Merkel rule untenable – poll

Image copyright Getty Images Image caption The exit polls were released after the last of the midnight polling booths closed in Germany’s North Rhine- Westphalia region Chancellor Angela Merkel will not be challenging for

Image copyright Getty Images Image caption The exit polls were released after the last of the midnight polling booths closed in Germany’s North Rhine-Westphalia region

Chancellor Angela Merkel will not be challenging for a fourth term in office after the final weekend of general election polls in Germany.

Her CDU party and its allies, the CSU, have won 32.5% of the vote, according to exit polls.

But anti-immigration party Alternative for Germany (AfD) has succeeded in entering parliament for the first time, with 12.6% of the vote, the pollsters say.

Germany’s two major parties have been left in a deeply weakened state, observers say.

Merkel, a CDU veteran, would likely face a rearguard action led by her vice-chancellor, Sigmar Gabriel, who is the Social Democratic Party (SPD) leader.

However, both the SPD and the AfD have sharply criticized each other in the wake of the elections, in an increasingly acrimonious “second-round election”.

Merkel has hailed the “unprecedented success” of her alliance in a “stand-off between the radical forces” in Europe and the rest of the world.

But the bloc’s breakthrough was tempered by its loss of eight seats in the Bundestag to the AfD – a result which threatens to weaken the presence of the coalition in the Bundestag.

New challenges for Merkel

Image copyright Getty Images Image caption Merkel said the exit polls were better than expected for her CDU and CSU

Despite their failure to remain in power, the CDU and CSU are expected to prove instrumental in governing a minority government.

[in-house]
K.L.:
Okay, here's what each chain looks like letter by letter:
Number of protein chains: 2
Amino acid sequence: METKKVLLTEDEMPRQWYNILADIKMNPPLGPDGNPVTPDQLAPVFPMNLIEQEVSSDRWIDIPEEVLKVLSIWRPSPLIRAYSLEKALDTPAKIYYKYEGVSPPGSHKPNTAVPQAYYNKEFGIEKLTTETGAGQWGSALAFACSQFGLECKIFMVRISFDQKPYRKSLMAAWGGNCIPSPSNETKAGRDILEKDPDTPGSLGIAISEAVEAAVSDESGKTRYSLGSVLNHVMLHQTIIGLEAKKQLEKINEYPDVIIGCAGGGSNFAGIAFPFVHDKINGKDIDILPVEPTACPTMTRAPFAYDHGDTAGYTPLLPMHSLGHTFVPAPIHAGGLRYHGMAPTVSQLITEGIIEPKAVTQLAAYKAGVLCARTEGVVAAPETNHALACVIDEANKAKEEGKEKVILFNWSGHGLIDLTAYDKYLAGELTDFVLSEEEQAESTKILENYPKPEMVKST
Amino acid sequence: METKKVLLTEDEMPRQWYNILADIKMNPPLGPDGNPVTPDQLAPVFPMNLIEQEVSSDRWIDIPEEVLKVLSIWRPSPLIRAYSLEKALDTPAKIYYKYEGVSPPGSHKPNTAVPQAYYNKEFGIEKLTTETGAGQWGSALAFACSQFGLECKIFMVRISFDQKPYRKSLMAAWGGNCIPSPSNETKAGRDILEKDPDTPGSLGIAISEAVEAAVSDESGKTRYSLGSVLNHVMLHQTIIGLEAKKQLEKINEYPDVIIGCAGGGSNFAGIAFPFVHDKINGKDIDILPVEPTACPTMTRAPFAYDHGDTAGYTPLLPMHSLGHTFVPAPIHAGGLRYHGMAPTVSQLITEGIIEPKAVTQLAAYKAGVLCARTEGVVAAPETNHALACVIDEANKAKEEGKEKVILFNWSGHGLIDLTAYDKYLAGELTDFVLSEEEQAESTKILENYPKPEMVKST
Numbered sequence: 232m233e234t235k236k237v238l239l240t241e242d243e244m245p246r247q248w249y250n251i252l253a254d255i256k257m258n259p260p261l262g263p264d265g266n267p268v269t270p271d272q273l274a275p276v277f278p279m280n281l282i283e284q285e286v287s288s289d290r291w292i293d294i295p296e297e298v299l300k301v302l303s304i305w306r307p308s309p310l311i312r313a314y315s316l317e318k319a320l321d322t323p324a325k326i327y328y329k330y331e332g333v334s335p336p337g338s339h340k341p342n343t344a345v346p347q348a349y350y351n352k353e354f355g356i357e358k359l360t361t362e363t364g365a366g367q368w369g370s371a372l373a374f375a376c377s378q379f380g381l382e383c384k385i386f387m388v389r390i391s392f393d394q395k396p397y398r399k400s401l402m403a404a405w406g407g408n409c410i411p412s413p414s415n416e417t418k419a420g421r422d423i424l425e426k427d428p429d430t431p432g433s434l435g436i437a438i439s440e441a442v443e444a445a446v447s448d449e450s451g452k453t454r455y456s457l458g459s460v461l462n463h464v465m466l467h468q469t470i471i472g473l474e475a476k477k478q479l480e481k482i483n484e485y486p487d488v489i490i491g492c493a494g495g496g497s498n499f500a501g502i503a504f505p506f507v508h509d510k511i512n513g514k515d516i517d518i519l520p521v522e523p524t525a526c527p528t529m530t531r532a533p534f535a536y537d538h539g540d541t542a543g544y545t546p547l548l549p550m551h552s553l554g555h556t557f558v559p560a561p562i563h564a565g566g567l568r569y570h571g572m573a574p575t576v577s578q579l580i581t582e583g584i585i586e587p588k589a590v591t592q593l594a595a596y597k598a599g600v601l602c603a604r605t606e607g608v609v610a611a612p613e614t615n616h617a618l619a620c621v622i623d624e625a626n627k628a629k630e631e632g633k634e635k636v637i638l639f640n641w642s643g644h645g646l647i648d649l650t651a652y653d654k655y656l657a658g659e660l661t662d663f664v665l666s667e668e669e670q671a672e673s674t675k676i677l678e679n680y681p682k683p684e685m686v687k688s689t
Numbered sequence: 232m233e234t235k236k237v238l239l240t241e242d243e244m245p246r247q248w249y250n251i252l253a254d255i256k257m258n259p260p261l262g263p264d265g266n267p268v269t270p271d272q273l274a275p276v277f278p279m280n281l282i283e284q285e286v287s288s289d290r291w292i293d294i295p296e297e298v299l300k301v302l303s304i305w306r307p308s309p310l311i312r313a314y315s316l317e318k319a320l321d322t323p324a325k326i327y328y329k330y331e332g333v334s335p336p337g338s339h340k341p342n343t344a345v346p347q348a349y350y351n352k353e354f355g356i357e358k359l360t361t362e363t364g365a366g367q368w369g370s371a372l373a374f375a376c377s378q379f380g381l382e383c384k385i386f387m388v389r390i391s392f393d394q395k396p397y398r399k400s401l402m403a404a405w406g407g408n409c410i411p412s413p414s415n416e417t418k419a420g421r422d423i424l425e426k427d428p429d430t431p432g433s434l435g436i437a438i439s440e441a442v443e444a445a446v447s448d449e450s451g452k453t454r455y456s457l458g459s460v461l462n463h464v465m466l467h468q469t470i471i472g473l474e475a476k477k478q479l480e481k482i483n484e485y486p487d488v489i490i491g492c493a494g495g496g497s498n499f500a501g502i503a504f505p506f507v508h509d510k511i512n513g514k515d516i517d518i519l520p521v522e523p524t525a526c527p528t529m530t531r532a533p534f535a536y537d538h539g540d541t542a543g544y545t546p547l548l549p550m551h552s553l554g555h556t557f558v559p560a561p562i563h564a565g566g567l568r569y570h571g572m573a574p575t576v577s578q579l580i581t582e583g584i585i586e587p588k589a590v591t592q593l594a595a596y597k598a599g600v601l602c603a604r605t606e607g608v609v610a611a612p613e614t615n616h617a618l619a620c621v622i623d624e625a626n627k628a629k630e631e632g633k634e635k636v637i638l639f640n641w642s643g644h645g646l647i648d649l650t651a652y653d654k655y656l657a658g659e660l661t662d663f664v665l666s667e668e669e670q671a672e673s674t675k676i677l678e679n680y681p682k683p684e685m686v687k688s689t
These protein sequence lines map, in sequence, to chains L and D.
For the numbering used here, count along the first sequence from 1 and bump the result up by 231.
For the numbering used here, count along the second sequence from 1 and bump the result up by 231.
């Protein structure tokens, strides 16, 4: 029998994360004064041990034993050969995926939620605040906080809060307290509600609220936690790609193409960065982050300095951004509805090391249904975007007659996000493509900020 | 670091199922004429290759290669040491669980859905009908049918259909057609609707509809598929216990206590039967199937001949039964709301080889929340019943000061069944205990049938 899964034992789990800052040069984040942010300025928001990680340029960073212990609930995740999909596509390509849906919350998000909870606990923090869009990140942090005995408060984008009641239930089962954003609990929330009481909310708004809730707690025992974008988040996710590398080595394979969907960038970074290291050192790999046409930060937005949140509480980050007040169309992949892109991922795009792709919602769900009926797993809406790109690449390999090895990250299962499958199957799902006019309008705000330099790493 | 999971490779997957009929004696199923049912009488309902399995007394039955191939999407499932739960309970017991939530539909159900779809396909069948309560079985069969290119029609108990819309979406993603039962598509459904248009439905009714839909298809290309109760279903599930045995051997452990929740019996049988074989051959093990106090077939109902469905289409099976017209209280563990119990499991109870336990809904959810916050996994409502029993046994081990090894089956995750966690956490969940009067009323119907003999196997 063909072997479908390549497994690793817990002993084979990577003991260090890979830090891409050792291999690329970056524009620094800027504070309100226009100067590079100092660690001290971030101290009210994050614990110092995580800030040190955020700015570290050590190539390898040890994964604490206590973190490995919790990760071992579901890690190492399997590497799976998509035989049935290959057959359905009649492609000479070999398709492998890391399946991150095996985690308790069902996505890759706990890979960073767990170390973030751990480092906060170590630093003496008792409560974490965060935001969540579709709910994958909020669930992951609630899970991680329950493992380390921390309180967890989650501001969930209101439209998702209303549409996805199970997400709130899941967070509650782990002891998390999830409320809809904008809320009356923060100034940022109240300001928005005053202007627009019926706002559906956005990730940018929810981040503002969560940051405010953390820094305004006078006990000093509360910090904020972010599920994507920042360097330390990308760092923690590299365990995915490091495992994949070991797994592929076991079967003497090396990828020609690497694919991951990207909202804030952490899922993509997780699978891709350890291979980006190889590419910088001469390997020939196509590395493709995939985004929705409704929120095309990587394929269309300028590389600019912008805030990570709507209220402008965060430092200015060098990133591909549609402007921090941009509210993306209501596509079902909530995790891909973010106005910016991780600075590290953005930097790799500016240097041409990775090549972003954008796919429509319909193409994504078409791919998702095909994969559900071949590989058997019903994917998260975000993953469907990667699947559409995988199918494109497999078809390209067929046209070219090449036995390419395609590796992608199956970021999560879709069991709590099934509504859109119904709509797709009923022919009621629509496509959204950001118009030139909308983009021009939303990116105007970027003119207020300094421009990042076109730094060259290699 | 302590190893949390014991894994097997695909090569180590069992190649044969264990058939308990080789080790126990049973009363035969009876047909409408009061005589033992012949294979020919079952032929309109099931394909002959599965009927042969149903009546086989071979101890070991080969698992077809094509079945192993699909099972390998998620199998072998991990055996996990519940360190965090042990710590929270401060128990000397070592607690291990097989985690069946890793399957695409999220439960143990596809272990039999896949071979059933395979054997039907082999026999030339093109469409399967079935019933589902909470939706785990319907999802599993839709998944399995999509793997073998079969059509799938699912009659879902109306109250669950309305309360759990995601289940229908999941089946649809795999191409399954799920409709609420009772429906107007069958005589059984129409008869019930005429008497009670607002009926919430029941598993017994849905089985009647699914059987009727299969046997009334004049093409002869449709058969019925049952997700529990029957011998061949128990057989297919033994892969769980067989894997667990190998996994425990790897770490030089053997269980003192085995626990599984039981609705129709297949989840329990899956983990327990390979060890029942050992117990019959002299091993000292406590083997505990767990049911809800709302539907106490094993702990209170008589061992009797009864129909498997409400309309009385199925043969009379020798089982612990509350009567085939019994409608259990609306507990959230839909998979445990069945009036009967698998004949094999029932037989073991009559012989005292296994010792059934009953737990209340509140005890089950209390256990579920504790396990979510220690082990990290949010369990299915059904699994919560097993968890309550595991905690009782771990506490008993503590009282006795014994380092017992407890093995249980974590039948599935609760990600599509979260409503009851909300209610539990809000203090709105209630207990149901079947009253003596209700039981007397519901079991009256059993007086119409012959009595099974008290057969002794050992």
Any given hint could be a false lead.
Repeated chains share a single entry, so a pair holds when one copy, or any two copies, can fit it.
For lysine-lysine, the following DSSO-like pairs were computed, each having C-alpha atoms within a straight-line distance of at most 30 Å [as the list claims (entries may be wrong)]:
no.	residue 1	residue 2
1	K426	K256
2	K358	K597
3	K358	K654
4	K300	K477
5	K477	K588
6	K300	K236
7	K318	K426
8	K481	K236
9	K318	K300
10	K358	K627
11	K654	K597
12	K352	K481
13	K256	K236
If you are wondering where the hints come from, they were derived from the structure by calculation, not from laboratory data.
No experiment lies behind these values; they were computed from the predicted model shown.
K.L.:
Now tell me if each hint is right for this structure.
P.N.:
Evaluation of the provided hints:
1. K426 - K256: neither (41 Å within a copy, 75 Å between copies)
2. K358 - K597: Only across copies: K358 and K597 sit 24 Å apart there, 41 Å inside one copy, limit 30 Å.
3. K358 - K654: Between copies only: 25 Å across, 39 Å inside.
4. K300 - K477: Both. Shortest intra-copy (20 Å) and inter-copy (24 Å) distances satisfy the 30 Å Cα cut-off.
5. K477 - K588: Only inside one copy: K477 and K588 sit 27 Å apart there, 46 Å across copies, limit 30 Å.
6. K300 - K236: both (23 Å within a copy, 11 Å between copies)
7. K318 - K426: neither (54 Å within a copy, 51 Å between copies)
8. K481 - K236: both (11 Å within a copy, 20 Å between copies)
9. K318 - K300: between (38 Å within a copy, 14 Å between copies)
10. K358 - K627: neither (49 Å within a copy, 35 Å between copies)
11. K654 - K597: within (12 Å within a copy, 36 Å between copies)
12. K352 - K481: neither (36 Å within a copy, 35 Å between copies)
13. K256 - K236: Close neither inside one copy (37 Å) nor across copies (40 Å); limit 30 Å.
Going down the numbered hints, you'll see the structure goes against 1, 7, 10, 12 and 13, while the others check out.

Who did well and who did badly?

On a national scale, the CDU is now the biggest party with 41% of the vote, but is likely to lose its traditional power to form a coalition.

That could be solved by having both the CDU and the SPD in some sort of a minority government, or even seeking another coalition with the Greens.

The SPD stands at 20%, down from last year’s disastrous election result of 24.6%, but gained enough seats in the Bundestag to keep any possibility of continuing with its historic allies.

Greens seats in parliament gained by 0.7%.

AfD had the best result among the new young parties – up from 8.7% last year to 12.6%

The group is riding a wave of anger over Germany’s record influx of more than a million refugees in 2015.

Analysis by Christian Wootliff BBC News

Views on other issues in the country don’t really have much say in who wins the top post. When the result comes in, the pictures and intangibles that define German politics – the rivalry between Ms Merkel and her heir apparent, Mr Gabriel, and the social struggles and old grudges over who controls the bigger oil producer, the superstate of North Rhine-Westphalia – will get more coverage. But those are far more significant in a longer, regional game.

Views of AfD, which looks set to enter the Bundestag for the first time, will not exactly shape German government policy either, according to the BBC’s German affairs correspondent, Jim Muir.

Ms Merkel wants to move on with her legacy, and strengthen her own position, even if only temporarily.

Coalition ideas between her CDU and the SPD look to be frozen for now, while they both wrangle to try to win some kind of deal with the Greens.

“While the CDU could look to expand its liberal and business-friendly allies, it would have to overcome the SPD’s fears of being seen as anti-AfD,” Mr Muir said.

“But the experience in 2018 suggests that progressives may not be eager to share power with these parties. They, too, seem unlikely to help the SPD recapture its lost ground.”

One reason the Greens failed to perform as well as expected is that the party’s vote fell among those over the age of 65.

An exit poll by broadcaster ARD found 73% of the pensioners living in the Rhineland-Palatinate region who voted chose the CDU, the TV channel reported.

But others over the age of 65 seem to have decided they wanted to return the country to the status quo ante before the migrant crisis of 2015. The exit poll suggests the AfD was supported by those over 65.

Where will a left-wing government put place?

It is hard to imagine the SPD, the SPD, SPD, SPD sitting with the CSU in the strongest ruling group.

PSD Party says it wants a minimum wage

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